Some of you know how I got started painting, some of you don’t. In a nutshell, I sketched & painted as a kid, took one Art class in college and then quit painting for 20 years.
My teacher didn’t like how my paintings looked real. It’s possible that I might’ve been a touch over-sensitive. Just. Possible.
When I started painting again it was on walls in my house, which my friends saw and then asked me to paint something on their walls. Before I knew it, I was a muralist. Without a clue. I didn’t know anything about the business, much less about painting. But through the years I learned. Then our economy took a nosedive, about the same time I sustained a debilitating back injury.
Fast forward a few years and here I am, blogging and painting canvases. Blank canvases. Plain white canvases. At first that felt really freeing – I could paint whatever I wanted! But I’d relied on my clients for so long, their tastes, matching their interiors, that to create something of my own was the opposite of freeing!
I’ve been working on stretching myself creatively – trying things outside of my comfort zone.
That’s how this multi-colored zebra was ‘born’. He’s a cross between my normal “realism” and something “uncommon”. At least, for me.
The irony is, as soon as I started trying different styles & mediums, I also started getting new clients. (Maybe the long drought is over!) I did remember to take some in-progress pics, though.
My first thought was to do a very soft toned effect, almost watercolors. I knew I wanted the different colors but I wanted them muted so they’d work in a child’s room.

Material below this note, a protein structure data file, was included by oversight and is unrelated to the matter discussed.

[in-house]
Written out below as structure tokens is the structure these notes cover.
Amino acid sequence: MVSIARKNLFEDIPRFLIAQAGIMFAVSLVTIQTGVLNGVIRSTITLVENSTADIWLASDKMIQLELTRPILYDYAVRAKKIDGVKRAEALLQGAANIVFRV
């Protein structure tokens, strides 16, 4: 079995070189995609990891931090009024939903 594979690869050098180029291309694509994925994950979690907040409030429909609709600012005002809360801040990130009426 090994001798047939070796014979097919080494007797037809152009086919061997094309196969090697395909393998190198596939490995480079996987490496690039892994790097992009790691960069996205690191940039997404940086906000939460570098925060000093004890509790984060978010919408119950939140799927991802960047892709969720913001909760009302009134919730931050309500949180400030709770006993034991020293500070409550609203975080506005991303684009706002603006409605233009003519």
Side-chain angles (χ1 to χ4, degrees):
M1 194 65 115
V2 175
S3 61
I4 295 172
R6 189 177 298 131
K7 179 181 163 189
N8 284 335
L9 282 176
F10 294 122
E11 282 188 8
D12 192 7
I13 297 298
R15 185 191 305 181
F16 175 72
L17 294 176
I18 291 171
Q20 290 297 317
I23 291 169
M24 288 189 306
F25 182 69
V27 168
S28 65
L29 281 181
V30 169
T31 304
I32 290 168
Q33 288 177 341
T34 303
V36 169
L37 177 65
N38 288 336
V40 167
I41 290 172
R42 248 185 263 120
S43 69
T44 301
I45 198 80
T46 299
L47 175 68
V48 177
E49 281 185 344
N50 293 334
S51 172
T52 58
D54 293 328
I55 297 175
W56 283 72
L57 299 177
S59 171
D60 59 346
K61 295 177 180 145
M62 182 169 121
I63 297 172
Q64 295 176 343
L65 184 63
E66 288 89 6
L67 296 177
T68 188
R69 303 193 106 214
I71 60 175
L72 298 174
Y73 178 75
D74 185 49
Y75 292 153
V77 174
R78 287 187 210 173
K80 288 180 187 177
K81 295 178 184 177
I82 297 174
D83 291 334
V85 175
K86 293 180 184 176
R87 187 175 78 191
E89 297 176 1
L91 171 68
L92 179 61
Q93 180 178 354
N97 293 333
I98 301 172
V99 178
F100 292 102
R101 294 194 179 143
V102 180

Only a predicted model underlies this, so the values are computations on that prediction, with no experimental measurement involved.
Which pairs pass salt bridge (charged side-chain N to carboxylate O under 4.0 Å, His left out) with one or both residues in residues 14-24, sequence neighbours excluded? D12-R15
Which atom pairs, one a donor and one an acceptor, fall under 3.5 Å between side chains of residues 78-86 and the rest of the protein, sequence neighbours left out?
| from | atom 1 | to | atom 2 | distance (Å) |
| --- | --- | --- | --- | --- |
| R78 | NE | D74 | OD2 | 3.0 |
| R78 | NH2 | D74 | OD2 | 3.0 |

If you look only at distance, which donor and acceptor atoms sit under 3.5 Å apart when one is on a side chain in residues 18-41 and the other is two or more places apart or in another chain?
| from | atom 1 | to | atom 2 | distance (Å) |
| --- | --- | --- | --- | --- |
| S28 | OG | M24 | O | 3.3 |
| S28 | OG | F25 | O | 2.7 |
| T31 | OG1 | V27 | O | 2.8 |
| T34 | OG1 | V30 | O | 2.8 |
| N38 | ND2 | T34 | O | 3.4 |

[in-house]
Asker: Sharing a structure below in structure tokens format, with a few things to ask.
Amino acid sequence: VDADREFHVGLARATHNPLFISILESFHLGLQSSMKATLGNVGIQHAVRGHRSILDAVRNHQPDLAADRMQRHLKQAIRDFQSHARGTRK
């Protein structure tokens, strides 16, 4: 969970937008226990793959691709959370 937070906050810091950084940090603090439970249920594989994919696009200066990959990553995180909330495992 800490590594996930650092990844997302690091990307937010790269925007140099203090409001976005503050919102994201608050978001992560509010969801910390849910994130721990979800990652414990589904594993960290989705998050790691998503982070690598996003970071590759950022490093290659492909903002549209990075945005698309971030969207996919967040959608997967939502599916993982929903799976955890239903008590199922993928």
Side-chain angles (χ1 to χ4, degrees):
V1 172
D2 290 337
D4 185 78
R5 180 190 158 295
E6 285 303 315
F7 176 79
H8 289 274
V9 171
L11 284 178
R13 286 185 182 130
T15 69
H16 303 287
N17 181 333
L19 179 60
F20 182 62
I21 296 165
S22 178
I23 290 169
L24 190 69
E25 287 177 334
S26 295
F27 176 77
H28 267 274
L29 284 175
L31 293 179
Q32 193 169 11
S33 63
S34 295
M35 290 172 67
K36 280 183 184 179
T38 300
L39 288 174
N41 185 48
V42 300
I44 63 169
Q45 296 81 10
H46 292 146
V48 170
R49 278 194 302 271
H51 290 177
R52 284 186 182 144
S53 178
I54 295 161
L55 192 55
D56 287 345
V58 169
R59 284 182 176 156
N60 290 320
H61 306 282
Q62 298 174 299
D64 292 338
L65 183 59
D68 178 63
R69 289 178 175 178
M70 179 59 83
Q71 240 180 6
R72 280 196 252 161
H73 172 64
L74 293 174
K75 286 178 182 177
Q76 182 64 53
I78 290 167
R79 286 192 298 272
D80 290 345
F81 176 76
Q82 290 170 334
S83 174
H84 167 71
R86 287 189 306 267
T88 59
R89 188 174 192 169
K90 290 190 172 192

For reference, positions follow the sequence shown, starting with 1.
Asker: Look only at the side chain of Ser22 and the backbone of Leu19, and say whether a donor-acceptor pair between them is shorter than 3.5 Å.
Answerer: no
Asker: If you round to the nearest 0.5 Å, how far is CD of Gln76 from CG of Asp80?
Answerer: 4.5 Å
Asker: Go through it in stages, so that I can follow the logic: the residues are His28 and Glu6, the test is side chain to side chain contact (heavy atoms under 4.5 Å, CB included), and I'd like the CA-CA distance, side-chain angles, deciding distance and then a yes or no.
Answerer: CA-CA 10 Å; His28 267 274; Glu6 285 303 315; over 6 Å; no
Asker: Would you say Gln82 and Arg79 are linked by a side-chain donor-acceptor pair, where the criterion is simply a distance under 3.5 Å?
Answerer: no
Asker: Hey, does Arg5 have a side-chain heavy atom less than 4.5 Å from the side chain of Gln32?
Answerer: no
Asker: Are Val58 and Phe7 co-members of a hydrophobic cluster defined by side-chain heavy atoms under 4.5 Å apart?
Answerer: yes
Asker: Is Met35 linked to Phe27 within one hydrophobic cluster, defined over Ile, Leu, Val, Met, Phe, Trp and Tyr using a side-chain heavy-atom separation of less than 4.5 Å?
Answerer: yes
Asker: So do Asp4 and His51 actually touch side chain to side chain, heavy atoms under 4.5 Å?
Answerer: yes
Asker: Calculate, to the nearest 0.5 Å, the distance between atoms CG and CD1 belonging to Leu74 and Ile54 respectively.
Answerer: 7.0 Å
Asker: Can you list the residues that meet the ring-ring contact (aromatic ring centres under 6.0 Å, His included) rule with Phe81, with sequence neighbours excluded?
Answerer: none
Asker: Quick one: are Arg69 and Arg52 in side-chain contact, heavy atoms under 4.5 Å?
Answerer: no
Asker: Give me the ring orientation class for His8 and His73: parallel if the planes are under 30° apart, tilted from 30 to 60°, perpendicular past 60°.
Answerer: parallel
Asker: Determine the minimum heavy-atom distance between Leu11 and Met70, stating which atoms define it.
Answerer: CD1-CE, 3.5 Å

You can see a touch of lavender next to the turquoise. That got painted out later. As did the wash of brown in the muzzle.
I decided it was too hard to work on this guy without his eyes being painted. (Not sure when he became a male either. I think it was after I painted his eye.)
Much better now. He has an eye and a nose and mouth. And some personality.
But the soft colors were just too soft. I could’ve lightened the eye or made it turquoise or green maybe, but that was too much of a stretch for me right now.
I just darkened his stripes. Or, made them more vivid actually. The colors are the same I had used from the start, just full strength.
I spent quite a bit of time trying to achieve an ombre effect in each stripe. I finally ditched that because you couldn’t really see it from 3-4 feet away.
Plus, I needed to add some more grey touches besides the eye and muzzle. So I used a grey wash for shading as well as in his mane.
I also softened his muzzle with turquoise, which looks more like a light grey from a distance.
I also used more turquoise in his ears. And you can see the strands of grey in his mane here.
Most of the eye I left the same, just adding some turquoise surrounding it.
Maybe next time I’ll try a different colored eye, just for fun.
This guy is actually a baby zebra. Could you tell before I told you? Well, anyway, they have some ‘baby fuzz’ on their foreheads. I started with grey to underpaint the shading and direction of the ‘fuzz’.
Then I came back with white and the stripe colors on the forehead and his mane, as well as some white fur on his ears.
This photo has better lighting. It was a bit overcast today so I took him outside to get some nice shots.
What do you think? Part of me thinks he should be a unicorn, with all of these colors. Some people on Facebook & Instagram mentioned painted burros in Tijuana and another animal somewhere else. I’ll have to look thru my comments.
He didn’t turn out at all like I originally thought. But that’s fairly normal for me, unless I’m painting for a client. For custom paintings I usually give clients a quick rendering so they know what to expect, then I email in-progress photos so if I veer off course, they can tell me. But this guy is just for my shop. I think he’d be awfully cute in a little girl’s bedroom or playroom.